BitShares History: Transactions as Proof-of-Stake (TaPOS)
Transactions as Proof-of-Stake by Daniel Larimer
November, 28th 2013
The concept behind Proof-of-Stake is that a block chain should be secured by those with a financial interest in the chain. This paper will introduce a new approach to Proof-of-Stake that utilizes coin-days-destroyed by every transaction as a substitute for the vast majority of the security currently provided by Proof-of-Work. Unlike prior Proof-of-Stake systems in which only some nodes contribute to the proof-of-stake calculation, we present a new approach to Proof-of-Stake whereby all nodes generating transactions contribute to the security of the network. We speculate that such a network would be immune to known attacks against Bitcoin or Peercoin.
The concept of Poof-of-Stake was first introduced as a means to counter known attacks on the Bitcoin network, primarily the 51% attack.
Existing Proof-of-Stake systems such as Peercoin are based upon ‘proof blocks’ where the target the miner must meet is inversely related to the coin-days-destroyed. Someone who owns Peercoins must choose to become a Proof-of-Stake miner and commit some of their coins for a period of time to secure the network.
The creators of Peercoin recognized that Proof-of-Stake in this form was insufficient, so they rely upon a hybrid system whereby both Proof-of-Stake and Proof-of-Work are used to secure the network. As the difficulty in the Proof-of-Work increases the block reward decreases which should work to automatically throttle the amount of Proof-of-Work mining.
Despite using Proof-of-Stake, Peercoin still relies on ‘mining’ with respect to Proof-of-Stake which inherently limits the number of people and the percentage of the money supply available to secure the network via Proof-of-Stake. The incentive given for Proof-of-Stake mining is a an average 1% return on your stake. This incentive is currently dwarfed by the 8% inflation paid to the Proof-of-Work miners.
Peercoin isn’t the only proof-of-stake system proposed. Others involve various forms of signature blocks, lottery selection of signers proportional to transaction size, etc. None of these ideas have been as throughly adopted as Peercoin in the market.
Despite Peercoins success, its application of Proof-of-Stake does not fully solve the problem of double spending or denial of service. Ultimately the network is still secured by Proof-of-Work and it is still possible to mine secret alternative chains that could be used to perform a double spend. An actor such as a government could still acquire enough hashing power to win over 51% of the proof-of-stake blocks and all of the proof-of-work blocks. All Peercoin has achieved is to increase the cost of attacking the network without changing means by which the network can be attacked.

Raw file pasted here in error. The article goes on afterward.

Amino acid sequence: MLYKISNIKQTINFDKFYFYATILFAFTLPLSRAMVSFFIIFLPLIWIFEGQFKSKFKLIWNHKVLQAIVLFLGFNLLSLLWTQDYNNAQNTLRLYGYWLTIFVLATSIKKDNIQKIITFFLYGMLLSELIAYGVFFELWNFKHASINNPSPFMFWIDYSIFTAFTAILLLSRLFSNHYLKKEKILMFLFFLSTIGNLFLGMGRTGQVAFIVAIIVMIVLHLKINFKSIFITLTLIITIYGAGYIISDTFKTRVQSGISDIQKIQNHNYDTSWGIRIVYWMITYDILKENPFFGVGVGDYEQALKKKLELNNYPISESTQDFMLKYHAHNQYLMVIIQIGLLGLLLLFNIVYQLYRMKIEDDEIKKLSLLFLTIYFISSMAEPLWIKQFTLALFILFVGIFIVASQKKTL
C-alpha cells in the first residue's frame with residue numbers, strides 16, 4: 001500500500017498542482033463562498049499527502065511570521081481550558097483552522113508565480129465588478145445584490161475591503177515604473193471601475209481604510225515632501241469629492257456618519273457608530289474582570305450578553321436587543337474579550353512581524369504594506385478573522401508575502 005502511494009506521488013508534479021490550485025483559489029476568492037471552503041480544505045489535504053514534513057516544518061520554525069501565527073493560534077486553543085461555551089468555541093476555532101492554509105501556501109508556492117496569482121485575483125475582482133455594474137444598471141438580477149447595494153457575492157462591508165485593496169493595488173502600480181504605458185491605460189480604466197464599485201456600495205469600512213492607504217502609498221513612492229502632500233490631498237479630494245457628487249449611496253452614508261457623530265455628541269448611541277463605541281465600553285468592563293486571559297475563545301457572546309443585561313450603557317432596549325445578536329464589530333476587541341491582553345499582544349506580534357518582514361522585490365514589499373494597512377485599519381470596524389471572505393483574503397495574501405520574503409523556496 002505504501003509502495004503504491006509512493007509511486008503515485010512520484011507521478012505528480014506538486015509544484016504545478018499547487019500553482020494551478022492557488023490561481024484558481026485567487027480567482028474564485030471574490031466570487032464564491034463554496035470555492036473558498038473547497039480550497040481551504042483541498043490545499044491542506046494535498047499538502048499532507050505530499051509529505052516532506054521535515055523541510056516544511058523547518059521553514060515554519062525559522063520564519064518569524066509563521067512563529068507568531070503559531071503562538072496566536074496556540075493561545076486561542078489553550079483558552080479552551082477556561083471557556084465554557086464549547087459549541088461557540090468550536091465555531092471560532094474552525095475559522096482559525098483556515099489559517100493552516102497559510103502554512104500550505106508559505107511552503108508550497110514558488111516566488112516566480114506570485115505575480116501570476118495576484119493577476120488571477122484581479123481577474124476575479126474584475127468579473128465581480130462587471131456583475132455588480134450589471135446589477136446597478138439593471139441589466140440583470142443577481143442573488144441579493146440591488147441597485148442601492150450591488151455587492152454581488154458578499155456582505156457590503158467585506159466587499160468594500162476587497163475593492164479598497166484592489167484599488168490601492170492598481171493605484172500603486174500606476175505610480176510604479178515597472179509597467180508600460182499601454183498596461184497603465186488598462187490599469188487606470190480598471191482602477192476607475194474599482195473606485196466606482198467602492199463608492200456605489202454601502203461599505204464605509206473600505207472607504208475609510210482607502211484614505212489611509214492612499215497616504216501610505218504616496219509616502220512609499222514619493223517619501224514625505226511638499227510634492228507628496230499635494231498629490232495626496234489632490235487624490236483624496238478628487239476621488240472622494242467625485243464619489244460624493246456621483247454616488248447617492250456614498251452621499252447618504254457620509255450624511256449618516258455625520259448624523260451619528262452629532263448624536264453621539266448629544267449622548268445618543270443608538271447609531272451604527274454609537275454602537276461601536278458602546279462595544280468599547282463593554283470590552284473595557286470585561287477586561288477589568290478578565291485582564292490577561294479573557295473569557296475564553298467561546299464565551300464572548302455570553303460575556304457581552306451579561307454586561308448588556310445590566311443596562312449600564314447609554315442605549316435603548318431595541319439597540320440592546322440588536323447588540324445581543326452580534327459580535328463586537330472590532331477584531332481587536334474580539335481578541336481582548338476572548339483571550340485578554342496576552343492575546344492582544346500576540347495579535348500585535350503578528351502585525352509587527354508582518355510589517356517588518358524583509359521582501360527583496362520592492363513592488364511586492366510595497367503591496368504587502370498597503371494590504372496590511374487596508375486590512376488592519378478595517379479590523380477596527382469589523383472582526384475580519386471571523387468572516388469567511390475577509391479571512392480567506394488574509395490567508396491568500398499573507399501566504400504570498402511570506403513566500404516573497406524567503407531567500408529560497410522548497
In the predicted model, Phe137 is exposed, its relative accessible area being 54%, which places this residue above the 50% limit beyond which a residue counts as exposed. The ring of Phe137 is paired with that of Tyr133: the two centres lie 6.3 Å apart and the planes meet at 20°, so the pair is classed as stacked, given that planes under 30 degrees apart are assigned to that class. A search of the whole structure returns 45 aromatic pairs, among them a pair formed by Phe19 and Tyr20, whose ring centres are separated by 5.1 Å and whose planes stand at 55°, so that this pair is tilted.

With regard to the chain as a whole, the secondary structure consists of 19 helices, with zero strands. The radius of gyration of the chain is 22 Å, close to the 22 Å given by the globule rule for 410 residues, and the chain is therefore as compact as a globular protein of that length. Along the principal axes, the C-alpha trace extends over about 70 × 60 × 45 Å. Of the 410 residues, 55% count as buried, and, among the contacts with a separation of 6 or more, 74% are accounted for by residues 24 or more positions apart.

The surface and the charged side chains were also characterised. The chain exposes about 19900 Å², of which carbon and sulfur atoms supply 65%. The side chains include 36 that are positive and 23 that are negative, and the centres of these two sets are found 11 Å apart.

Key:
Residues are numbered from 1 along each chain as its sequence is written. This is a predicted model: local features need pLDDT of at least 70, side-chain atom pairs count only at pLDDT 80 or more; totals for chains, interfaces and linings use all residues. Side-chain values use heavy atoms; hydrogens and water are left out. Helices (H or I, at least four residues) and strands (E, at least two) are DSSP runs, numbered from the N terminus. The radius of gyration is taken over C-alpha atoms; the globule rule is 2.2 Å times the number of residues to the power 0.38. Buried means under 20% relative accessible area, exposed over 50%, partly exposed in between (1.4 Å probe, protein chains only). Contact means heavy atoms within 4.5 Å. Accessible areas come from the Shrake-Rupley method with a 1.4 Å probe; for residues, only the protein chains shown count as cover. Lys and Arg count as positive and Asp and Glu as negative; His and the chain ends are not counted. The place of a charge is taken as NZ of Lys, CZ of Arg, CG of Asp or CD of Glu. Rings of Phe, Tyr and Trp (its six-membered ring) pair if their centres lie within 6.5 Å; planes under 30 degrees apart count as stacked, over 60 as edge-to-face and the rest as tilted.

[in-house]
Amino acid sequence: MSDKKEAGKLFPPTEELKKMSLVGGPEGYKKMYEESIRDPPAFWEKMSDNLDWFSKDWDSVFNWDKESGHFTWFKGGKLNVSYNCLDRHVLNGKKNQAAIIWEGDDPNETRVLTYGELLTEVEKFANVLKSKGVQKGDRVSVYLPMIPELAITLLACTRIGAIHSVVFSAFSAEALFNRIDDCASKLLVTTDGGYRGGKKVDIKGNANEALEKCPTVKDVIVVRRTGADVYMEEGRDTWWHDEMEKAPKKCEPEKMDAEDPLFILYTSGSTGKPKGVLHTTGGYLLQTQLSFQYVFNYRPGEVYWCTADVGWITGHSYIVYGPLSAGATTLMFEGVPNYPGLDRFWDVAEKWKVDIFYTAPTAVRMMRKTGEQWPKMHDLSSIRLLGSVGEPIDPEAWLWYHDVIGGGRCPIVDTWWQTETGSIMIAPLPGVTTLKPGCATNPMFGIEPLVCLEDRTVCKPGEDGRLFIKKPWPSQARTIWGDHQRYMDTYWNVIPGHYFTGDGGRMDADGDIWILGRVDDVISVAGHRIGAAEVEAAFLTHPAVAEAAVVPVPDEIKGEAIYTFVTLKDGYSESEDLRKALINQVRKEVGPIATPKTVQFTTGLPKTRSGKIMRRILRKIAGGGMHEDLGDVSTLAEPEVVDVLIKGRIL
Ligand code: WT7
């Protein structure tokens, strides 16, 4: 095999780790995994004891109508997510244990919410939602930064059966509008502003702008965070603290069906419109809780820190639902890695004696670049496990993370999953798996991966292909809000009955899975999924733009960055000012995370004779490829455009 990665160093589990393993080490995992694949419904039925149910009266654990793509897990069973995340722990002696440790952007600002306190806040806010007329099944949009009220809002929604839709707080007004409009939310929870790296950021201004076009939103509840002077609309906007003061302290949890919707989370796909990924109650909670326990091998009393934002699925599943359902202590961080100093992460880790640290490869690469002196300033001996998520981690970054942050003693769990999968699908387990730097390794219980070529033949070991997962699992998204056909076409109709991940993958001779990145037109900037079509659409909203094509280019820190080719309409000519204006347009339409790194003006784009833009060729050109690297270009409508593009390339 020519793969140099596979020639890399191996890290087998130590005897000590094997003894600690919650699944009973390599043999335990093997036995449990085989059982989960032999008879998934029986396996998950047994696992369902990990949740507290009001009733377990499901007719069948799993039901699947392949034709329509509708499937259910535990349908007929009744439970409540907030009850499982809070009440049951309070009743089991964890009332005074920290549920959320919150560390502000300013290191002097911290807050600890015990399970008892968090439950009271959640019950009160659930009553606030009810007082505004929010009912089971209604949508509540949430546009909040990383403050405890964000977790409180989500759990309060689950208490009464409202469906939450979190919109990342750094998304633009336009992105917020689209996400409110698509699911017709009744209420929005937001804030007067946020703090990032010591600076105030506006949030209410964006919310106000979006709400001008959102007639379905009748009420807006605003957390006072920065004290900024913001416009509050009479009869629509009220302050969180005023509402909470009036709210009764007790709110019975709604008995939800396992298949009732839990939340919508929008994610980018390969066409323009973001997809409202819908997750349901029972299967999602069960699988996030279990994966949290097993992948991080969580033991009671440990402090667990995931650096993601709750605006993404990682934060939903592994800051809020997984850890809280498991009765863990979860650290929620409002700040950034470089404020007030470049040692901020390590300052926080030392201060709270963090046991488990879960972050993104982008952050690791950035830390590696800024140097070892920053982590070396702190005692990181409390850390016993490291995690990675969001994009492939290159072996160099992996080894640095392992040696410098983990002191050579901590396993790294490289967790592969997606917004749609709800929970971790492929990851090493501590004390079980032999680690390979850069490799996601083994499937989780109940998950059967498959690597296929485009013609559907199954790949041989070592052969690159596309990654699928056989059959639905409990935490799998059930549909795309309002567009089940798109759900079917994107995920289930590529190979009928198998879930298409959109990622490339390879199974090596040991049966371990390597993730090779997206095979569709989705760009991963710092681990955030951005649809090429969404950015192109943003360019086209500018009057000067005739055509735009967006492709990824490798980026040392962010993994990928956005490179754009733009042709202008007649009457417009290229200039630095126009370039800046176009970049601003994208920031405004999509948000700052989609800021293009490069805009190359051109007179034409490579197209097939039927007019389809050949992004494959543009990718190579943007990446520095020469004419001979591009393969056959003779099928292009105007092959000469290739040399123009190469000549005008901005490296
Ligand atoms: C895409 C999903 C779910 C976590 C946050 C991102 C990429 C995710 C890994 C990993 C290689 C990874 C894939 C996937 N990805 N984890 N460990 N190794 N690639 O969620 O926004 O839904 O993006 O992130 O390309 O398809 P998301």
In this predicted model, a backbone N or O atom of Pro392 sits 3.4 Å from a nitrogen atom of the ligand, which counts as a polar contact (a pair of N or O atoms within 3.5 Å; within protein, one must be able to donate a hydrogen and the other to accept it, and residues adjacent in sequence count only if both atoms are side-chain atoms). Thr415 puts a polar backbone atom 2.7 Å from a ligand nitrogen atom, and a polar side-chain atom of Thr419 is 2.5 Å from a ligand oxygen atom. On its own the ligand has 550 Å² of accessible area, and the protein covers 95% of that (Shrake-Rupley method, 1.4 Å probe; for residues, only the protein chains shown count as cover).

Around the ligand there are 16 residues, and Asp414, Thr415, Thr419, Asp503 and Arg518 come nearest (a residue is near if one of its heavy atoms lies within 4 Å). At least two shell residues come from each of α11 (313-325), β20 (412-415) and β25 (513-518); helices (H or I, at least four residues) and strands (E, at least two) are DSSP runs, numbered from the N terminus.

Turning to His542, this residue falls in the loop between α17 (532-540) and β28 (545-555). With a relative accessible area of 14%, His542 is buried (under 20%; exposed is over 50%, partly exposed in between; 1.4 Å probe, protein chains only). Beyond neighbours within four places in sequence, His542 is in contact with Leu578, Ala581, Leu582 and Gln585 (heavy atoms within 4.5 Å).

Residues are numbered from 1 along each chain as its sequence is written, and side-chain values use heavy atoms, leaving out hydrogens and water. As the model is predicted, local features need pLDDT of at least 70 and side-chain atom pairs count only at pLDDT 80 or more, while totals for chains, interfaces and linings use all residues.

The Purpose of Mining
In most literature regarding crypto-currencies and mining, the focus has been primarily on coin distribution and securing the network from a monopoly of hashing power. Mining rewards are seen as necessary fees used to purchase ‘security’ and the general theory is that that the more mining the better. Existing Proof-of-Stake systems carry over this mentality and pay people who ‘mine’ on a Proof-of-Stake basis.
For the purposes of this paper, we would like to focus on the more critical role that mining plays that is entirely independent of security or currency creation. This role is to determine in a decentralized manner who will publish the next block. A purely proof-of-stake system must still determine which of 1000’s of computers will build and publish the next block. These blocks must come at regular intervals large enough that the network may reach consensus between every block.
There is no cost for producing or broadcasting a block and in a centralized system and a single computer could be assigned the task of publishing blocks every couple of minutes. In a decentralized system this task my be distributed far and wide. Because the cost of producing and broadcasting a block is essentially 0, block rewards worth as little as a couple of cents would be enough to motivate this behavior.
The challenge for a decentralized system is to find a way to limit broadcasting to at most one or two nodes every couple of minutes. We will present such a solution that does not depending upon mining.
The Reason Proof-of-Work Provides Security
If we are to remove Proof-of-Work from a block chain’s security model then we must fully understand the nature of the security provided by Proof-of-Work and find a suitable replacement. On network’s like Bitcoin the computational power used to find hashes is extremely high. This high level of hash power can be used as a proxy for total combined investment into a particular block chain. A rational individual can generally assume that the largest investment represents majority consensus as to the the truth.